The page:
Some newspaper articles cause me to wonder what is NOT being said. The Herald today runs the headline:
A review of new rules for sexual abuse counseling has come too late to save a South Auckland mother who died four days after her claim for ACC-funded counselling was rejected.
Counselling Services Centre manager Emma Castle said the mother-of-three’s claim for counselling for sexual abuse she had suffered as a child was rejected by ACC two months ago on the grounds that she had not suffered “a significant mental injury”.
“The counsellor who submitted the claim made it very clear that sexual abuse was the reason why she had suicidal ideation and was self-harming,” Ms Castle said. “It took them six months to make that decision. Four days after receiving notification that the ACC claim was denied, the client passed away.”
Now, the impression being given here is that this poor woman’s death is linked to ACC’s denial of her claim. Yet the language used is peculiarly flat. “Dead”, “died”, “passed away”; not “killed herself” or “committed suicide”. Only if she terminated her own life deliberately, would this be related to ACCs denial of her claim (and would seriously call into question their judgement that this lady had not suffered “a significant mental injury” – 95% of suicides have a major depressive illness). It is possible, of course, that she had fatally destroyed her health by abuse of alcohol or drugs. This certainly might be related to her history of sexual abuse and would explain the curious nature of the language used here; attempting to maintain privacy. However, while such a death would undeniably be a tragedy, it would be manifestly inappropriate to treat such a severe addiction with the type of counseling that ACC provides. ACC’s denial of claim would therefore be irrelevant to the story and the ACC review will in no way change this.
Journalists often try to pass this sort of half-information off as adding “human interest” to the story. In reality, however, they are really trying to slant the article by using human anecdotes rather than a factual argument. In most cases, this seems to be because they do not have a factual case to make, either because there is no case, or because they do not know or understand the argument. This unfortunate woman’s tragic story takes on an entirely artificial meaning, the result of which is that it becomes subject to analyses such as mine or even derogatory comment, simply because the premise behind the argument is false. This is not fair on the poor woman concerned who deserves none of this.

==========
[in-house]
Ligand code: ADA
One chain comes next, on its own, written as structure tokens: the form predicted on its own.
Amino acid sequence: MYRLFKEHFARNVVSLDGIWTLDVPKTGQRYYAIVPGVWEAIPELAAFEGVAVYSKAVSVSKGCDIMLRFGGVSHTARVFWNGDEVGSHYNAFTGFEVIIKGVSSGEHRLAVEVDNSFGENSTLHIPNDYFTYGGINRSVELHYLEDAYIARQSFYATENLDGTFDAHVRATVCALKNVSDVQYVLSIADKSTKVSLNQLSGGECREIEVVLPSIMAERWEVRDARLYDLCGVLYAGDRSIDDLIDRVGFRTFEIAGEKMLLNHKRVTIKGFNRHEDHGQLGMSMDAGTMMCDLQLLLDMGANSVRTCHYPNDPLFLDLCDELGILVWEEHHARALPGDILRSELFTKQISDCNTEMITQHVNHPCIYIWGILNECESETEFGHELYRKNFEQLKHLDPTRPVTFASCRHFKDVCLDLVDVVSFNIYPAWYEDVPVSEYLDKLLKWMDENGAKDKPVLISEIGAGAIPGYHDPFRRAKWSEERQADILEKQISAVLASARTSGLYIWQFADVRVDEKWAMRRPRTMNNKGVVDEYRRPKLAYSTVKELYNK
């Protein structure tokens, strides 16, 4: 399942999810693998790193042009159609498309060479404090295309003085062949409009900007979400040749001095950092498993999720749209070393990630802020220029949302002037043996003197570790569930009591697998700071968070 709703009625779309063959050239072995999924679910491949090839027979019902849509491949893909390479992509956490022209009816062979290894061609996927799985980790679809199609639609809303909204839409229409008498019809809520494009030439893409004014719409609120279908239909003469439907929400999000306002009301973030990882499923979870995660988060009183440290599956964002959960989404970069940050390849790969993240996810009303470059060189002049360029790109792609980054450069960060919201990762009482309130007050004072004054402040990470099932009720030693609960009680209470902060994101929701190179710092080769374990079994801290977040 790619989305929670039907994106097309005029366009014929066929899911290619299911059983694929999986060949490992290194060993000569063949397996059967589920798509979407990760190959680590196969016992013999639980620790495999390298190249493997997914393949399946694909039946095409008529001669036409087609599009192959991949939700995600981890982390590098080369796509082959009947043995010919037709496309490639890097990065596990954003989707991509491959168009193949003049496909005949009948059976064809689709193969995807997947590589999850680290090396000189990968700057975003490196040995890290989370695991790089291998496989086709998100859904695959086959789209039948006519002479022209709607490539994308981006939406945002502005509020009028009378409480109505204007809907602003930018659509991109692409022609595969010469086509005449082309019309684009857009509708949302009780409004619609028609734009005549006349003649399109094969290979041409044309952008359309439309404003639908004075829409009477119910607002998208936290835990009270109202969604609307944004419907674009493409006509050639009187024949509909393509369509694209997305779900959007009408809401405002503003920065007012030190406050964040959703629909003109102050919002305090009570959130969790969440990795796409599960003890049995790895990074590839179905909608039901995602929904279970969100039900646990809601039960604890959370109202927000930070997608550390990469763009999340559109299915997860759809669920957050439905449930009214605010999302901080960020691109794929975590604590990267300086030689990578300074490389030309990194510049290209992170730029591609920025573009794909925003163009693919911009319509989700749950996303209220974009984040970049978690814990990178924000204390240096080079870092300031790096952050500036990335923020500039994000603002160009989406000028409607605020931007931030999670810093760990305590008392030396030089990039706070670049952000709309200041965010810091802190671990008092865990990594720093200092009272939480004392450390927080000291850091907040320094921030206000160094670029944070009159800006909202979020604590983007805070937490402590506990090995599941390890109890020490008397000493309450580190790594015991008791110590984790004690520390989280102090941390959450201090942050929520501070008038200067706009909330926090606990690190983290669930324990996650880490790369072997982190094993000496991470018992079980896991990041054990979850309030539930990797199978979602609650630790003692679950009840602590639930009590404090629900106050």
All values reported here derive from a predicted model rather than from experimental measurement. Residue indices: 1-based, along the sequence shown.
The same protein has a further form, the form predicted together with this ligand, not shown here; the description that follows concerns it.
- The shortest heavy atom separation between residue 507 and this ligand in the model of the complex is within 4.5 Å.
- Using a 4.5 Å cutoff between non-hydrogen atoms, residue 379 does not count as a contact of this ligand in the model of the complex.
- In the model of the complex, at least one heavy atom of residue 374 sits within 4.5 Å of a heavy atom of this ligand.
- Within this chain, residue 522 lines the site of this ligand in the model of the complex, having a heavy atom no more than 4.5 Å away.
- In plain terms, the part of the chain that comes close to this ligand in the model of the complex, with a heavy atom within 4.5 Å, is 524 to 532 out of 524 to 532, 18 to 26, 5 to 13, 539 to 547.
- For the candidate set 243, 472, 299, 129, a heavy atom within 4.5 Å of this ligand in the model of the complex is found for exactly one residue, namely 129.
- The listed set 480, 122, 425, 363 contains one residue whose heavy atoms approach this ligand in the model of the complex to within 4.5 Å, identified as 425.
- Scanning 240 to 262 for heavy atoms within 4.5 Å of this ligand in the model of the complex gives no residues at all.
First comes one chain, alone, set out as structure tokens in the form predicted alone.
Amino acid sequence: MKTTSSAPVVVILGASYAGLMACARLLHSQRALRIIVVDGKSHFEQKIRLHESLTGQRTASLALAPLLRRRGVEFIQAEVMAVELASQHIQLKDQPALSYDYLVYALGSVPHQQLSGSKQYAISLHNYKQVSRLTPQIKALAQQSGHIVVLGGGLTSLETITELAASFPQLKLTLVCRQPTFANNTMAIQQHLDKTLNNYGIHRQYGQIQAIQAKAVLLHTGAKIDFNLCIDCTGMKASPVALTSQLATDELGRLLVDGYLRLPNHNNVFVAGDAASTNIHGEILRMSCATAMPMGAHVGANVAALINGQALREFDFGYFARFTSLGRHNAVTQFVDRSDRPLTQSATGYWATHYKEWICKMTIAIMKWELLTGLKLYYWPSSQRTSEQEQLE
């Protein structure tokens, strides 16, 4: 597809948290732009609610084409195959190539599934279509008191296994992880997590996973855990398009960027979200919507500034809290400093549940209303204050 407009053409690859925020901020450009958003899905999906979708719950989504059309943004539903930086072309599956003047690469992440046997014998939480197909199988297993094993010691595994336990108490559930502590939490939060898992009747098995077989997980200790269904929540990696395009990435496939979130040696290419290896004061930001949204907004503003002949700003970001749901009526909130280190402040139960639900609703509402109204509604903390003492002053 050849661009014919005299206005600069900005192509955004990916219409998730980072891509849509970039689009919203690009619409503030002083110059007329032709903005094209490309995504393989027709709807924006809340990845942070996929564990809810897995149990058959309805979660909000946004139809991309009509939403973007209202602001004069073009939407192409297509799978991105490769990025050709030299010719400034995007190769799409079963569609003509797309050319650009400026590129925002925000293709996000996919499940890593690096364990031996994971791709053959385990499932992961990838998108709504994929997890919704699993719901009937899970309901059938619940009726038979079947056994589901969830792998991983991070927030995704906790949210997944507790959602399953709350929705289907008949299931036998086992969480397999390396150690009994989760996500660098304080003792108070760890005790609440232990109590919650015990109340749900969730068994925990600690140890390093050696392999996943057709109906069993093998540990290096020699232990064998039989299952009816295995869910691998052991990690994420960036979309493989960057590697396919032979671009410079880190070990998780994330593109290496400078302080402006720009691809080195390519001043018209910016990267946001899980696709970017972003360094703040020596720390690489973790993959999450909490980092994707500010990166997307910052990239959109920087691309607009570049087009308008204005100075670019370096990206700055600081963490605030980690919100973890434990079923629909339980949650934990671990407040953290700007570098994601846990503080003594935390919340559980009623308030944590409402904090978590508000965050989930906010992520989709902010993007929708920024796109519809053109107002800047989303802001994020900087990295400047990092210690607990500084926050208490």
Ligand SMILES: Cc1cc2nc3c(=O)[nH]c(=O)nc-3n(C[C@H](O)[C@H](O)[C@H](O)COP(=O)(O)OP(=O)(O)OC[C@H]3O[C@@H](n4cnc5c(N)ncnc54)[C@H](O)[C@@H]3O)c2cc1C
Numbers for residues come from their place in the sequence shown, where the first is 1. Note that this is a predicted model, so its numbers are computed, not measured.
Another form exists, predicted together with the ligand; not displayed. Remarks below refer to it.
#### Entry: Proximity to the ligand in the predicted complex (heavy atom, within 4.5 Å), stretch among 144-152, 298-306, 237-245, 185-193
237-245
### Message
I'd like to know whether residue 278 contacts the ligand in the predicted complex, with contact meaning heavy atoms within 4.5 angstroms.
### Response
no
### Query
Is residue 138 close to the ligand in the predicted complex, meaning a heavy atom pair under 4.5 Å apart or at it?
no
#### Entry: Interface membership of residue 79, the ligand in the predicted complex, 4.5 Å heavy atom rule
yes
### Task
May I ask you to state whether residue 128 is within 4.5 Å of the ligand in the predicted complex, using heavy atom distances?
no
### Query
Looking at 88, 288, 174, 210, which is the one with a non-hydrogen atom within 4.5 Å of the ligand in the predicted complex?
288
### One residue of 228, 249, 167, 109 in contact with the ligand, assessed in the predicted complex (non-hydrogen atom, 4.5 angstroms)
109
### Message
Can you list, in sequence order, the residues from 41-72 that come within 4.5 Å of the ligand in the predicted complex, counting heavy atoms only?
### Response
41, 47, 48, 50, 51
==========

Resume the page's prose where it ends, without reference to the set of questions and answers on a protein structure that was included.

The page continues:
This sort of anecdotal innuendo might effectively counter the logical arguments of ACC, but it does nothing to uncover the true problem here. As I have blogged on a previous post, the problem is that ACC is being used to fund societal ills rather than simple accidents. The reality here is that only a complete idiot (or a government) would attempt to fund treatment for sexual abuse cases via an accident insurance scheme. Inevitably, when the insurance scheme is short of cash – around about NOW – they will start to act more like the insurance scheme they were set up to be. They will insist that there is an accidental event and an injury. While absolutely no-one would dispute that sexual abuse is accidental (in the sense that no-one, except a very small selection of consenting adults, would deliberately seek it), it is the injury that causes so much problem. As with any injury, it has to be clearly defined and coded (just as a knee injury would be) and there can be no pre-existing condition. Patients with a history of previous mental illness before the abuse and patients who have no definable mental health problems will be excluded. The difficulty in establishing these things will inevitably result in enormous delays. This is simply not acceptable.
The solution to this is to remove the funding for sexual abuse and give it directly to the mental health services. They should be much better able to determine proper priority and treatment and are not constrained by an act that is clearly designed for accidents rather than abuse. I do not know whether the Mental Health or Drug and Alcohol Services could have helped this woman, but I do know that they could have done a much better job than ACC. They were no help at all. And could never have been.